British Elite Long - stunning forest, fantastically planned course, shocking run. Left the brain in bed, and such was the planning each and every drop in concentration meant time lost. The nature of the relief meant that although visibility in the forest was amazing, you couldn't necessarily pick out and interpret the shape of the more technical dunes a way off, as you could on the relay.
So they say you should pick up on the positives. In short, I got round and was around 10 minutes over the target time of 2 hours. And there was something vaguely enjoyable about the course, even through the physical and mental "suffering."
The negatives? Probably can all be put down to one thing - what happened prior to the run. Didn't sleep particularly well the night beforehand, had an awkward 1.30pm start - a little too far from breakfast but not quite late enough to have a full lunch - so probably not enough fuel in the tank to start with. Took some Jelly Babies out and ate most just before the hour mark, and the rest just over 90 mins in - goodness knows what it would have been like without. Didn't feel as physically good as I had been in previous weeks - I know that I'm probably as fit as I've ever been at the moment so this was slightly strange. Still, not sure whether I quite have the endurance for a race of this length yet. Need a few more longer runs plugged into the schedule...
The mental side of things was clearly a bit off from the start - couldn't really make sense of what was going on to #1 and the concentration was lacking. What followed ranged from the over-hesitant to the "why did I do that" type mistake. Didn't seem to be using the contours enough on the longer legs and (as I identified might be a problem) when I got out of the vaguer parts I often didn't know where I was entering the detail. Biggest were to 5 (3'30"), 7 (2'30"), 9 (3'), 27 (2'30"), lost 30" to 1' on 5 other controls and small hesitations to many others meant quite a few 15" losses. Most of the mistakes were on the longer legs, poor compass work then diving into the detail without reading enough of it. Total mistake time ~15 mins, + goodness knows how much hesitance...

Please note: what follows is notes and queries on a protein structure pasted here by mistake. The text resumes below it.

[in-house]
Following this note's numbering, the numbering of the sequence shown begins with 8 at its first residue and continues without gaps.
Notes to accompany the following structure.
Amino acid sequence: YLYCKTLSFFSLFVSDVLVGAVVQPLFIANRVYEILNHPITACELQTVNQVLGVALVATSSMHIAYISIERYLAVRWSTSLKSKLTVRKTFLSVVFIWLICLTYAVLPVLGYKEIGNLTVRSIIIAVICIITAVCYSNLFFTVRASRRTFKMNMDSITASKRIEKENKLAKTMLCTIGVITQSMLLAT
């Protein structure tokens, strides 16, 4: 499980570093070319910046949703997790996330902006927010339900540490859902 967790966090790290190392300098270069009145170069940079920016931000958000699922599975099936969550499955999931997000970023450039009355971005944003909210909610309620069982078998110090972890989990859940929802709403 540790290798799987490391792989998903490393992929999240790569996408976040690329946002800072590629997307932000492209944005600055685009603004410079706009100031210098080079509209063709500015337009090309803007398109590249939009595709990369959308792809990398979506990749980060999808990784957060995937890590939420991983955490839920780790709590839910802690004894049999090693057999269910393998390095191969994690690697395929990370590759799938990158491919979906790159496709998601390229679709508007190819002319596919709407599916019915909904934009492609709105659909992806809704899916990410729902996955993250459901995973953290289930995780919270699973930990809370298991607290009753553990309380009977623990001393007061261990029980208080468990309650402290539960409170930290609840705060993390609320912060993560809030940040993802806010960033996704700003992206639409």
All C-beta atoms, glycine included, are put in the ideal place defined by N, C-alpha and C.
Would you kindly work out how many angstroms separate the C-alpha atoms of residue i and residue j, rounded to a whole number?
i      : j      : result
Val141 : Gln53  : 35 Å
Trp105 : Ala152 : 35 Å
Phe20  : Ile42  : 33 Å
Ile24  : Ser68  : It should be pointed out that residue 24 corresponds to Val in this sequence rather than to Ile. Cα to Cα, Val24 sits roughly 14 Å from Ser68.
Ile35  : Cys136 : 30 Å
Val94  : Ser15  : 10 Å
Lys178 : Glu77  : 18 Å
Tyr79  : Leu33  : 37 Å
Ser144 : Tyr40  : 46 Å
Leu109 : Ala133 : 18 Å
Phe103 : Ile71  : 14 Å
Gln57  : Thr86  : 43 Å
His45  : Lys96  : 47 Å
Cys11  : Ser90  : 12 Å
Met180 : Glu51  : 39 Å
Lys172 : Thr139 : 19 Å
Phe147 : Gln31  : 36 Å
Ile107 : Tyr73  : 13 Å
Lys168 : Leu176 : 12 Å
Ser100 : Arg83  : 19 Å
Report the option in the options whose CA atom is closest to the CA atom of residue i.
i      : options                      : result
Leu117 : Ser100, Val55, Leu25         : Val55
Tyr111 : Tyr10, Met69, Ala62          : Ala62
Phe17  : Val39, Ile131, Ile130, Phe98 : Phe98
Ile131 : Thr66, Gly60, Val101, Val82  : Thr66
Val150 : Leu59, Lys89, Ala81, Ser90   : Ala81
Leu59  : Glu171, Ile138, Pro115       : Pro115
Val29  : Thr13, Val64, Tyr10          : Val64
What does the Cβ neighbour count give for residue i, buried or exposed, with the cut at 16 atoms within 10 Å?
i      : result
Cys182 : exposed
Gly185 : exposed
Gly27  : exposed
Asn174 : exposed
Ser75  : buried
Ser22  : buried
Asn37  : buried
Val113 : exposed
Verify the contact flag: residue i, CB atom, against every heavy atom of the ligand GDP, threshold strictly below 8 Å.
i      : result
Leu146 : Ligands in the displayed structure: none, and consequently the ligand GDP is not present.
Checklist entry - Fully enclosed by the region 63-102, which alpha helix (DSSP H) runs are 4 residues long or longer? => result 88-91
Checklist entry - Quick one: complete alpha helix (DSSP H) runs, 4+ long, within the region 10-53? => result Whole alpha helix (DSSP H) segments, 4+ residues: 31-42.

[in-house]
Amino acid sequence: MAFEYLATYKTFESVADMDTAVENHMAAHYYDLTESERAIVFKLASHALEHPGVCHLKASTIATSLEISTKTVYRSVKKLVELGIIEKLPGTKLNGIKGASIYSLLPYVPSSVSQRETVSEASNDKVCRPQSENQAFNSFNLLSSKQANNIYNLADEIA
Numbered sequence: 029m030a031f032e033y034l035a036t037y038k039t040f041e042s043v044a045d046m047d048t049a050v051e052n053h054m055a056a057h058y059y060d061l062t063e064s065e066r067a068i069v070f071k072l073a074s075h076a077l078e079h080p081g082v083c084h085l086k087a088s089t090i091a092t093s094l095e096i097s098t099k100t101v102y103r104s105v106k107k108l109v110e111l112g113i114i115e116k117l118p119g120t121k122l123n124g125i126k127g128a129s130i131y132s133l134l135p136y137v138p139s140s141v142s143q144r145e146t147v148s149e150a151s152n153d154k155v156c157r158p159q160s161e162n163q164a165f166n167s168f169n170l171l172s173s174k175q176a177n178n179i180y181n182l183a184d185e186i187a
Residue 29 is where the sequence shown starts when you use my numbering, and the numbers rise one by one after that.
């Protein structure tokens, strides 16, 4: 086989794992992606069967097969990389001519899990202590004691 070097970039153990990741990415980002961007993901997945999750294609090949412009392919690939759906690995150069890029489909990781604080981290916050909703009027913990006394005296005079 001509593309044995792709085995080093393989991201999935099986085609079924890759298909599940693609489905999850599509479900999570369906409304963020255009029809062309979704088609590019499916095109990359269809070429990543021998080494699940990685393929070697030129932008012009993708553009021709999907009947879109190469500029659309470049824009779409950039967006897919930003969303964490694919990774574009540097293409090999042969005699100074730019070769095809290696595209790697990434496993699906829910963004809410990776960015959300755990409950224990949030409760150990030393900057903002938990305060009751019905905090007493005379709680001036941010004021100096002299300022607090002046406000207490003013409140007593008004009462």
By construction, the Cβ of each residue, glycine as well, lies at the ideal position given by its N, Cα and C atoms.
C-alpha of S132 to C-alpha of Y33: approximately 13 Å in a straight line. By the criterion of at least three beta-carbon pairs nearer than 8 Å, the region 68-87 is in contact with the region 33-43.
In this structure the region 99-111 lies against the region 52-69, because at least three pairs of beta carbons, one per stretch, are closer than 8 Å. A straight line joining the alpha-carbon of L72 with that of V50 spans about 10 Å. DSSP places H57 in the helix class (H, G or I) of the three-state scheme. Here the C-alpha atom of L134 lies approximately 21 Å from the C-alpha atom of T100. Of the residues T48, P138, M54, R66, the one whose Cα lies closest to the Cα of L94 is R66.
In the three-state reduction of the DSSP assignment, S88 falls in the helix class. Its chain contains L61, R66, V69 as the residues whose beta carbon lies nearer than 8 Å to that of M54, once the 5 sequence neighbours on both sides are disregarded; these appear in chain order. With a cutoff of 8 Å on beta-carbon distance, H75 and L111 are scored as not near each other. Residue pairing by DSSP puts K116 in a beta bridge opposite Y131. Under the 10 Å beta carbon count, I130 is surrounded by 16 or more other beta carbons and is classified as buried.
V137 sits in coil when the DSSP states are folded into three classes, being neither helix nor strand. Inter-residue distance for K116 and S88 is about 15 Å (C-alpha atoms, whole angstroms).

Realised after the run that the warning signs were there:
- over-reliance on the compass but not using that enough either meaning I was drifting everywhere on the bearings
- not paying anywhere enough attention to the contours, for the majority of the first part of the course in fact. When I did, things clicked for a while. Then would switch off again.
- hitting detail wasn't expecting to hit and very stop-start to check things - far too much ground-to-map.
- no reading ahead whatsoever bar seeing "that leg looks long"
- from near the beginning, seeing hills that looked a bit bigger/steeper than normally seen in a sand dune area and thinking "do I really need to go over that?" when they were only 4-6 contours high (10-15m) and not really that steep.
So as I've discovered quite a bit over the recent year or so, if I'm not quite there physically then the mental side of things goes so much more easily - unfortunately it happened today in an area that really doesn't allow you to get away with it as some would. A real shame in a way, I'm sure had I been "awake" the whole experience would have been even better than it actually was and my first elite classic would have been thoroughly enjoyable. I'm already looking forward to running here again, and hopefully mastering it next time!
Typical Culbin view